Provisional version of proposed car tax combines one-off and annual fees

The initial draft of a proposed car tax would entail a one-off levy on car registration, plus an annual tax expected to cost between €60 and €240, depending on the vehicle's engine size, power and age

A more official version of the proposed car tax should reach the public in the second half of July, ETV news show "Aktuaalne kaamera" (AK) reported Wednesday.

The tax was an unexpected addition to the coalition agreement signed between the Reform Party, Eesti 200 and the Social Democrats, back in April.

Preliminary outlines of the proposed tax were presented at a round table of officials and interest groups several weeks ago.

Reform Party MP Mario Kadastik told AK that: "This proposed car tax is planned in two components. One would cover the initial registration of the car in question; the other is as an annual fee."

This fee can be paid on a monthly basis, which provisionally would run between €5 and €20 per month, again depending on the vehicle's details.

"The registration component is based on ... a percentage of the purchase value. The annual tax could be calculated at somewhere between five and 20 euros per month," Kadastik, who sits on the Riigikogu's economics committee, went on.

"This depends on the car. If you were to take a small Smart car versus a large Dodge Ram, for instance, there is quite a major difference between the two vehicles. Much depends on the car's emissions and power, its weight, age – these are the components from which the tax will be assembled."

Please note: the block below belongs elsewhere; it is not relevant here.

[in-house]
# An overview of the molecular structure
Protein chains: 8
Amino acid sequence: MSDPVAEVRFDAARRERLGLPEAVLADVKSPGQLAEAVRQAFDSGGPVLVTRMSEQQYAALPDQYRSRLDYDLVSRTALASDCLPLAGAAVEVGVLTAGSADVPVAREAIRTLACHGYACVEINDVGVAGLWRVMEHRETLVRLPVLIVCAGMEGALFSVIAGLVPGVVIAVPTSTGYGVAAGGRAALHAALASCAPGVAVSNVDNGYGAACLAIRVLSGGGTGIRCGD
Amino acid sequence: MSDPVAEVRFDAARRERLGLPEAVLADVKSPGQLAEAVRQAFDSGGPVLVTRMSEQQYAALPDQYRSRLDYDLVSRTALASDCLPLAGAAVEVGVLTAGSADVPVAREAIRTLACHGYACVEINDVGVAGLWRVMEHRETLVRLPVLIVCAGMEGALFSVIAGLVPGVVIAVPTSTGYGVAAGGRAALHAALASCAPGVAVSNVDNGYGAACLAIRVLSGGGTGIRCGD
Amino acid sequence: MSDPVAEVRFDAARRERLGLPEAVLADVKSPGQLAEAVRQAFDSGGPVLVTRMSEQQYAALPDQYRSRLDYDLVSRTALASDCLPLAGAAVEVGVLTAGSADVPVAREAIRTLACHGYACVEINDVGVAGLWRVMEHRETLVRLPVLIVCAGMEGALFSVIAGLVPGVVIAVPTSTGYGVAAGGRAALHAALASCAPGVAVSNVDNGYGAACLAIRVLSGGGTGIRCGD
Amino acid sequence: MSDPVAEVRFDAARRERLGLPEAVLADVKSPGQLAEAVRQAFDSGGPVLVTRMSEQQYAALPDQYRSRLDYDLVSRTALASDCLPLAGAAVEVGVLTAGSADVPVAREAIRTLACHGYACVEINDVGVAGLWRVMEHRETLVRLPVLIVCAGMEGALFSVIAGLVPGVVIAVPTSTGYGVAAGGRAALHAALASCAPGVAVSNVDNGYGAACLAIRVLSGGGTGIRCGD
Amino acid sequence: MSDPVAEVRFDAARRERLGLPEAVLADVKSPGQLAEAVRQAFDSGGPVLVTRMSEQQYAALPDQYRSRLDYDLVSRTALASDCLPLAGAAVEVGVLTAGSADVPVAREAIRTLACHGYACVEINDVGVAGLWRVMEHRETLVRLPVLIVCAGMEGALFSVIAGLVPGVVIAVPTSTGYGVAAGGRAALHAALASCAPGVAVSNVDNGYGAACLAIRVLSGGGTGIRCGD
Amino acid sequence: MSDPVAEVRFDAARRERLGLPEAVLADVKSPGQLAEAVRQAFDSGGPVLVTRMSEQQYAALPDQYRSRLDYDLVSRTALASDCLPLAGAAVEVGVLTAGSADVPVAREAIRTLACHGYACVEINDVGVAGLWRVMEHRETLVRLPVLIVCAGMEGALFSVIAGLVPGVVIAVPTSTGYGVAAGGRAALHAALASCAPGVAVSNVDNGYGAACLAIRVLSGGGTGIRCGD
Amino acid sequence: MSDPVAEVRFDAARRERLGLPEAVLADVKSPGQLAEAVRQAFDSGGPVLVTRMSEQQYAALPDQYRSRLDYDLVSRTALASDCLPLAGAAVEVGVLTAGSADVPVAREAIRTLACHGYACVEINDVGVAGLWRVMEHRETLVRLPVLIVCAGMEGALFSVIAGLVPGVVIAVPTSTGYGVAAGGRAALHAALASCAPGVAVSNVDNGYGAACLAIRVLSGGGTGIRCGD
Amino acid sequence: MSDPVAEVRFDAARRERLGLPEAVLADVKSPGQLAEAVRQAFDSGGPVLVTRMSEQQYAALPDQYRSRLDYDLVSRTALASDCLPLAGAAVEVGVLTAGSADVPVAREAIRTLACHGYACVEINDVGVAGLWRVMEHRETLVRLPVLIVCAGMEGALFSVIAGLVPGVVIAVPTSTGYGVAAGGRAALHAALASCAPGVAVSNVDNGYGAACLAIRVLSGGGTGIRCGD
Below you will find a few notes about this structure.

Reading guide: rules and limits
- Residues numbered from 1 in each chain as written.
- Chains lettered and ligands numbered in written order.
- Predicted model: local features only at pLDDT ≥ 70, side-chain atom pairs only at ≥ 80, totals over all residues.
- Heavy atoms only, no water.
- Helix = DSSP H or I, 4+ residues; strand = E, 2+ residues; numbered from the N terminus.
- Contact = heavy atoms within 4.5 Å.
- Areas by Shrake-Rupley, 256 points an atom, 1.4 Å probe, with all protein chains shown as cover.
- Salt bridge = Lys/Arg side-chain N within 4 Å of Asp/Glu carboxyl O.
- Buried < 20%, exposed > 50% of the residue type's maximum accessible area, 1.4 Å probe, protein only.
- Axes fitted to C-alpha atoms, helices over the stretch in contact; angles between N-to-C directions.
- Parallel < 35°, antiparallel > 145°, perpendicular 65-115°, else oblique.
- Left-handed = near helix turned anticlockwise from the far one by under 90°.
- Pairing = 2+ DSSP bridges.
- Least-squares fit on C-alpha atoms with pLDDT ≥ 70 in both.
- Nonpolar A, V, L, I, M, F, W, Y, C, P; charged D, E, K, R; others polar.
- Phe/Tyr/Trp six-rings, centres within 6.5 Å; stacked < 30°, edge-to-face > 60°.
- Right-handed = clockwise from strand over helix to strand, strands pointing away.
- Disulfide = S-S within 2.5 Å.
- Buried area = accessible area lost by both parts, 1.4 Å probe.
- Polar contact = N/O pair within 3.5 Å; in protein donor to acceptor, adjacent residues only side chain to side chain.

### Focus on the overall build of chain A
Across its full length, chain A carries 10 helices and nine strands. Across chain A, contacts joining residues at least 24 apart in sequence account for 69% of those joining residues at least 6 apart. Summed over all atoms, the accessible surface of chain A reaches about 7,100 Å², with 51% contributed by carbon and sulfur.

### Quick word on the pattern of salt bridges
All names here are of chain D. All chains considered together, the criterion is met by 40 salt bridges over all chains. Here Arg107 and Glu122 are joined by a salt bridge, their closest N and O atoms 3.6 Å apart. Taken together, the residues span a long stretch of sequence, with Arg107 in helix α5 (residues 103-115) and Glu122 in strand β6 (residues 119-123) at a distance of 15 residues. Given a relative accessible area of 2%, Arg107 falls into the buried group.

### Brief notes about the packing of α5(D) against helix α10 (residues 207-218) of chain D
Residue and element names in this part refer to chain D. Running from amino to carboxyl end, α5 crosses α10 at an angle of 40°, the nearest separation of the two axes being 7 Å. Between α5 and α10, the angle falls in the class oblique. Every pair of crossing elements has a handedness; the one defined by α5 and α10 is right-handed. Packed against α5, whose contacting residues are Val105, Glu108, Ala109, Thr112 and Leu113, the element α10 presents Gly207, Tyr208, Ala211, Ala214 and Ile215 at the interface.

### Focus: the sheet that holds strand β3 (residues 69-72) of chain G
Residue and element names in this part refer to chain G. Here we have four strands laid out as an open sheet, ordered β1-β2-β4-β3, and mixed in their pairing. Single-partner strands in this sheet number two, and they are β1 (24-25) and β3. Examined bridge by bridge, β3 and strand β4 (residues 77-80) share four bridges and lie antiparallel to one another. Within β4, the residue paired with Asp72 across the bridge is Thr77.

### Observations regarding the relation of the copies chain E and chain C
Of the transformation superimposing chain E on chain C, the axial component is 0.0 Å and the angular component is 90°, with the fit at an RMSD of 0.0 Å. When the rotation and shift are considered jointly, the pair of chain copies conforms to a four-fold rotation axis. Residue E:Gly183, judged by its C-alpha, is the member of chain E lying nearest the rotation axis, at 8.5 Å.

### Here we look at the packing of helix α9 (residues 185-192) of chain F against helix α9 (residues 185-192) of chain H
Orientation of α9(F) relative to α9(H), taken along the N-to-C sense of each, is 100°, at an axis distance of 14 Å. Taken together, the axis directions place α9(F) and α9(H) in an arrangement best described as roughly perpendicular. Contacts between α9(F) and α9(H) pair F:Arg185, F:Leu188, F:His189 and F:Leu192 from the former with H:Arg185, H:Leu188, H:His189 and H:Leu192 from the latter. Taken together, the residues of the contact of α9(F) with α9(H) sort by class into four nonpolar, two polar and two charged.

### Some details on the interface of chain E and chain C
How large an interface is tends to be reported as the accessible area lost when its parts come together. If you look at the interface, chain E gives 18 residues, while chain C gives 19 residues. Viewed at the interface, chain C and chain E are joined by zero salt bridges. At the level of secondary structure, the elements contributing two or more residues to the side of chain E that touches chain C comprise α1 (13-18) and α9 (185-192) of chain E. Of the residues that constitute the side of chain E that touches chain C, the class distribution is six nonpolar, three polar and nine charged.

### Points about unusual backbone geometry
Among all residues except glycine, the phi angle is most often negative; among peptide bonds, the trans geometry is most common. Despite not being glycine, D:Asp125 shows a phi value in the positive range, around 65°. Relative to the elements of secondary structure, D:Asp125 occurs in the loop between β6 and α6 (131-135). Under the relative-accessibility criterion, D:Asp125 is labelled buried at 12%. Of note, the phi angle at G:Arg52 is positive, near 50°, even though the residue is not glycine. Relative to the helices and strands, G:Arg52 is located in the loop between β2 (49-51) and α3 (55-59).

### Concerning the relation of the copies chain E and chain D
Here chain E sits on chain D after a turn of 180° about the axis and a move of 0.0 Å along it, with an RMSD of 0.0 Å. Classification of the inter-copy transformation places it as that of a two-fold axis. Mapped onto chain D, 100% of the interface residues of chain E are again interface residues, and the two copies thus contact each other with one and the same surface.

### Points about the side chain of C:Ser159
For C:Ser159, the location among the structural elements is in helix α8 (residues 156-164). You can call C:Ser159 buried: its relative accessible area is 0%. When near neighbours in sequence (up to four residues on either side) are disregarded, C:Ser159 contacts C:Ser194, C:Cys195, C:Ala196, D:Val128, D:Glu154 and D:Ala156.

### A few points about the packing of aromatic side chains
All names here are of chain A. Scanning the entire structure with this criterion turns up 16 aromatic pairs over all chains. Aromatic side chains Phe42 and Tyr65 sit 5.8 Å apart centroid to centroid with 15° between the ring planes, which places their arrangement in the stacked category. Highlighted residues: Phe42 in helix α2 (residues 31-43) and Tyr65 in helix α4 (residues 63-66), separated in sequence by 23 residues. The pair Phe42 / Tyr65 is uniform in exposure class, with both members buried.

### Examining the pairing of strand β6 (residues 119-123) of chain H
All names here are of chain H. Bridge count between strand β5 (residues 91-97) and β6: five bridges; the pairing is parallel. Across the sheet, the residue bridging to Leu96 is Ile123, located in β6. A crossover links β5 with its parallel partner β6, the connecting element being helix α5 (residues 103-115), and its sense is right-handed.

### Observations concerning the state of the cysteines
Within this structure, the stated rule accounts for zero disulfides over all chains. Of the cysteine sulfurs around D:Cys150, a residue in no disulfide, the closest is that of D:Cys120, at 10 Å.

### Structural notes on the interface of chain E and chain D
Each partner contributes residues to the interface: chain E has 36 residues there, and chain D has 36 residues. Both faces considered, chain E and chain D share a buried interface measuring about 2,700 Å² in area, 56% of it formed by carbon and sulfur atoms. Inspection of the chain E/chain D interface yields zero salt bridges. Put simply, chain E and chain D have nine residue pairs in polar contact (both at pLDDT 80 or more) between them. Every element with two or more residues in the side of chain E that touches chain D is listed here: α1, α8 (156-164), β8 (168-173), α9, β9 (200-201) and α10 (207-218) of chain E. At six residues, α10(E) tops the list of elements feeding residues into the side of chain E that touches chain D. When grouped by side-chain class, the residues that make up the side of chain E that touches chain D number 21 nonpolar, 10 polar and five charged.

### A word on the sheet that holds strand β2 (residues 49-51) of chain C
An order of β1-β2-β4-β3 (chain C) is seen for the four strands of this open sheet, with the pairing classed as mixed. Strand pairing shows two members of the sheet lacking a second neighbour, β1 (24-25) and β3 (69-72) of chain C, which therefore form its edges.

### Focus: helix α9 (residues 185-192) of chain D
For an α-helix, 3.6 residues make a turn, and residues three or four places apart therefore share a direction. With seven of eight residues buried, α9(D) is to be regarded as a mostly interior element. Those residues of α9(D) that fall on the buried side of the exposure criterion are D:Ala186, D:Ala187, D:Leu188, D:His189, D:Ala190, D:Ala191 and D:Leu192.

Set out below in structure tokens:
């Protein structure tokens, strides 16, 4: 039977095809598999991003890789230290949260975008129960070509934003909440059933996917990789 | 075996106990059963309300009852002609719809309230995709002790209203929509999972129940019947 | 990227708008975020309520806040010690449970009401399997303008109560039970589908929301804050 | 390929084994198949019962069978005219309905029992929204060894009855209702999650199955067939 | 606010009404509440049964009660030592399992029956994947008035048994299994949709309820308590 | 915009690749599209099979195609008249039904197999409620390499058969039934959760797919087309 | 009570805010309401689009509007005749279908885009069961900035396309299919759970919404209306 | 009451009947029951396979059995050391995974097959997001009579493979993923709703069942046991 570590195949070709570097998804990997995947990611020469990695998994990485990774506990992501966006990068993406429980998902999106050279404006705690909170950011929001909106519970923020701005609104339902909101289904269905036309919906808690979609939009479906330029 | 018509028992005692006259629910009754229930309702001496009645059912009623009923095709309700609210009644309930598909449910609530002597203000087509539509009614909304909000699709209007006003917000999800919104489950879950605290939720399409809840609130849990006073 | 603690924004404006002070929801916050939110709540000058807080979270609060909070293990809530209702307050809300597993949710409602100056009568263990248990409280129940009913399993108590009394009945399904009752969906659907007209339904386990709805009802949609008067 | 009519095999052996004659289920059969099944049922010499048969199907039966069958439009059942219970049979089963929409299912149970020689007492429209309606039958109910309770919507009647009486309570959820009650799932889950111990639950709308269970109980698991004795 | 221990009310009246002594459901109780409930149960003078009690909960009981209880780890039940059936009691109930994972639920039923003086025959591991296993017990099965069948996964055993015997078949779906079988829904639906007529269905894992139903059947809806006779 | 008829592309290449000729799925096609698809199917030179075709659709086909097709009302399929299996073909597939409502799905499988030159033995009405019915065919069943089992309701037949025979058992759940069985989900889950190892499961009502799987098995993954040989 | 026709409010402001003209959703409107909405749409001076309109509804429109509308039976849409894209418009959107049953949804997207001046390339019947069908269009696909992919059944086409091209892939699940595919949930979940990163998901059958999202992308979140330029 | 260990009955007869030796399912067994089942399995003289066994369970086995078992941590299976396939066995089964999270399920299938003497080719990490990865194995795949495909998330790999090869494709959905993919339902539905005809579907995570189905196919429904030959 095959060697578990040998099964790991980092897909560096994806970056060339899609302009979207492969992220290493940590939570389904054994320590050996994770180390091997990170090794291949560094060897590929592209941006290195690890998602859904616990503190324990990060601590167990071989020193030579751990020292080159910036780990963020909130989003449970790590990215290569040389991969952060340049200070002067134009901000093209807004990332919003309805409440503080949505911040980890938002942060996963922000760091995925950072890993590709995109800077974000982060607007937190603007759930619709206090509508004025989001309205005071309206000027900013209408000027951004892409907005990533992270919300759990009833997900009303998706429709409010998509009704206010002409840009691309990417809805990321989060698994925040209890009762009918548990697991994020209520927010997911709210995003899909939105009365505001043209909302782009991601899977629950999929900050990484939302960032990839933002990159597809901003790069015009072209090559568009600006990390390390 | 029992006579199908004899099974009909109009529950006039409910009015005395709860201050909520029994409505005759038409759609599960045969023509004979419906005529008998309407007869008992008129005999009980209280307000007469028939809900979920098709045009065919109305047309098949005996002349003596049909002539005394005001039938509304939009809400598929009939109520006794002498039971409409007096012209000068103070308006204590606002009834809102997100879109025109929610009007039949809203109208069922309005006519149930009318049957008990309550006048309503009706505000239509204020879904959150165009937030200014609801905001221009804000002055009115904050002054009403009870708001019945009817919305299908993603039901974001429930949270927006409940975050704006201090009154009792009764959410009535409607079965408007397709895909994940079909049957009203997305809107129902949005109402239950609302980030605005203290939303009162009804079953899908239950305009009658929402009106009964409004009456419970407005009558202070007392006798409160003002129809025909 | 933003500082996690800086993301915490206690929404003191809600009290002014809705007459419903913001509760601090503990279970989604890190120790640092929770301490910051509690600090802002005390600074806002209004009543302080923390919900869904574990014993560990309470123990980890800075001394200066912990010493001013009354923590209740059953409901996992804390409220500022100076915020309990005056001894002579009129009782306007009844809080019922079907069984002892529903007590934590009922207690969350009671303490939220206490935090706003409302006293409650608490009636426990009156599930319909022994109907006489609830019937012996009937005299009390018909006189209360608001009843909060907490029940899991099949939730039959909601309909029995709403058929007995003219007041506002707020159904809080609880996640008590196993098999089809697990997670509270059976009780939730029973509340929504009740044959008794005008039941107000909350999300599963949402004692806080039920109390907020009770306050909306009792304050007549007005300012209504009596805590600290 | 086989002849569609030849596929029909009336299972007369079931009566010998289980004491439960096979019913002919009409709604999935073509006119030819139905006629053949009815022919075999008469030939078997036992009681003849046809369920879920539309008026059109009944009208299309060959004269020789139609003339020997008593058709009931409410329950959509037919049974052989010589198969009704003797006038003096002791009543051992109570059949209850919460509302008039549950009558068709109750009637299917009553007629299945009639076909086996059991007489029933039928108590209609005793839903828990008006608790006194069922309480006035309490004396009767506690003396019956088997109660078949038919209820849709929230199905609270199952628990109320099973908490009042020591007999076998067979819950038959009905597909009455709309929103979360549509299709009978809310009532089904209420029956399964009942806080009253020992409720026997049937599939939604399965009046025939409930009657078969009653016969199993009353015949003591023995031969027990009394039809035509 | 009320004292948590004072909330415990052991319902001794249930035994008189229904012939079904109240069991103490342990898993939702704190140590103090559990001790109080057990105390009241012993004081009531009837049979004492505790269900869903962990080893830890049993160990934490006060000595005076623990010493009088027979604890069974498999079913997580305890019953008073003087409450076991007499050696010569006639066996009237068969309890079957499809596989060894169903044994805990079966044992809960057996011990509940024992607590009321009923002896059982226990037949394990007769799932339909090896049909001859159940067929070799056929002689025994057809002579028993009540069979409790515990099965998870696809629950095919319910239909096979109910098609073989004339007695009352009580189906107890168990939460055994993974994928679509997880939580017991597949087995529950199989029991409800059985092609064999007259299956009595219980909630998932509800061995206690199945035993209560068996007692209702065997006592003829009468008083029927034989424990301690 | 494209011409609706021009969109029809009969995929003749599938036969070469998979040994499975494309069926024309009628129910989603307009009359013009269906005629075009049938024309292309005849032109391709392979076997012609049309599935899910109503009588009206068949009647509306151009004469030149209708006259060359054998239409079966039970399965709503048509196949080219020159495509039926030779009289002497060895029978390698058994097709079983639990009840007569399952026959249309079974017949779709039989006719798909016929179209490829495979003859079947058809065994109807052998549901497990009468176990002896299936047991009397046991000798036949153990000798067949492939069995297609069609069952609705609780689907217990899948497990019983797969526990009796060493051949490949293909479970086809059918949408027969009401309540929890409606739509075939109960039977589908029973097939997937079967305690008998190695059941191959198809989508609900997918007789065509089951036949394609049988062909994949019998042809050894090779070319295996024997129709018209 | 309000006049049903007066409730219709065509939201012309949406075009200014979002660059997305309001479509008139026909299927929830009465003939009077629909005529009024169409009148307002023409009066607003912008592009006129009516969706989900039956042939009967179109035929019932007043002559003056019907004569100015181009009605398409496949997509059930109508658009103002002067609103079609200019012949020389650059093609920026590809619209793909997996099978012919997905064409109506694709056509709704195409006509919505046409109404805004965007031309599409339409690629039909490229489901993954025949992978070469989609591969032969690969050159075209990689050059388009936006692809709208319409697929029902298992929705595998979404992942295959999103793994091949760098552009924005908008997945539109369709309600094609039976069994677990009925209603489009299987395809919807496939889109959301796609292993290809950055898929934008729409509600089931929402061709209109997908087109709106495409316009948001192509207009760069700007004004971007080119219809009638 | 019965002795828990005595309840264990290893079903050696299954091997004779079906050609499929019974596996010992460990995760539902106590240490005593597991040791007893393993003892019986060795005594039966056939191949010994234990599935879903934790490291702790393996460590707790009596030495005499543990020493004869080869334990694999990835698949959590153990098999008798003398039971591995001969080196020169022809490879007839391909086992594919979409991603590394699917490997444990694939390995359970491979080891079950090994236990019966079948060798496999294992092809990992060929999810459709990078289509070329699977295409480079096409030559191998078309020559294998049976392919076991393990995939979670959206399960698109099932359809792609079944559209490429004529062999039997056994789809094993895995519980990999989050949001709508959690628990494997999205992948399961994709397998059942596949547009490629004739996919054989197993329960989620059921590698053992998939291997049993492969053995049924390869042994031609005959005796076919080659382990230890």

All motor vehicles, save for heavy trucks, which have their own taxation system, would be subject to the tax, regardless of whether the vehicle is running on the roads or not.

Lobby group the association of car owners (Autoomanike Liit) says is opposed to any kind of car tax, adding that in reality, such a tax already exists in Estonia.

Priit Tammeraid, head of the association, said: "It is quite wrong to state that there is no car tax in Estonia at present. We have a fuel excise duties. All car owners have to pay this when they drive a car. How much they pay here also depends on how much they pollute."

Meanwhile, ride-hailing and car rentals firm Bolt says it generally supports the introduction of the tax, however, arguing that it would would make more people give up their personal, private cars.

Bolt's head of government relations Henri Arras said: "The car, as a primary means of transport, causes a lot of issues in cities. We generally support the development of environmentally sustainable modes of transport, and we can see that this is one measure that helps to quietly nudge transport over from a car-centric nature, to a focal point of better alternatives:"

The Ministry of Finance said it was unable to comment on the topic until the official draft of the tax us ready, as noted later this month.

AMTEL, he representative organization of car dealers and service providers, also declined to comment.


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Editor: Andrew Whyte, Merili Nael

Source: 'Aktuaalne kaamera', reporter Mart Linnart.

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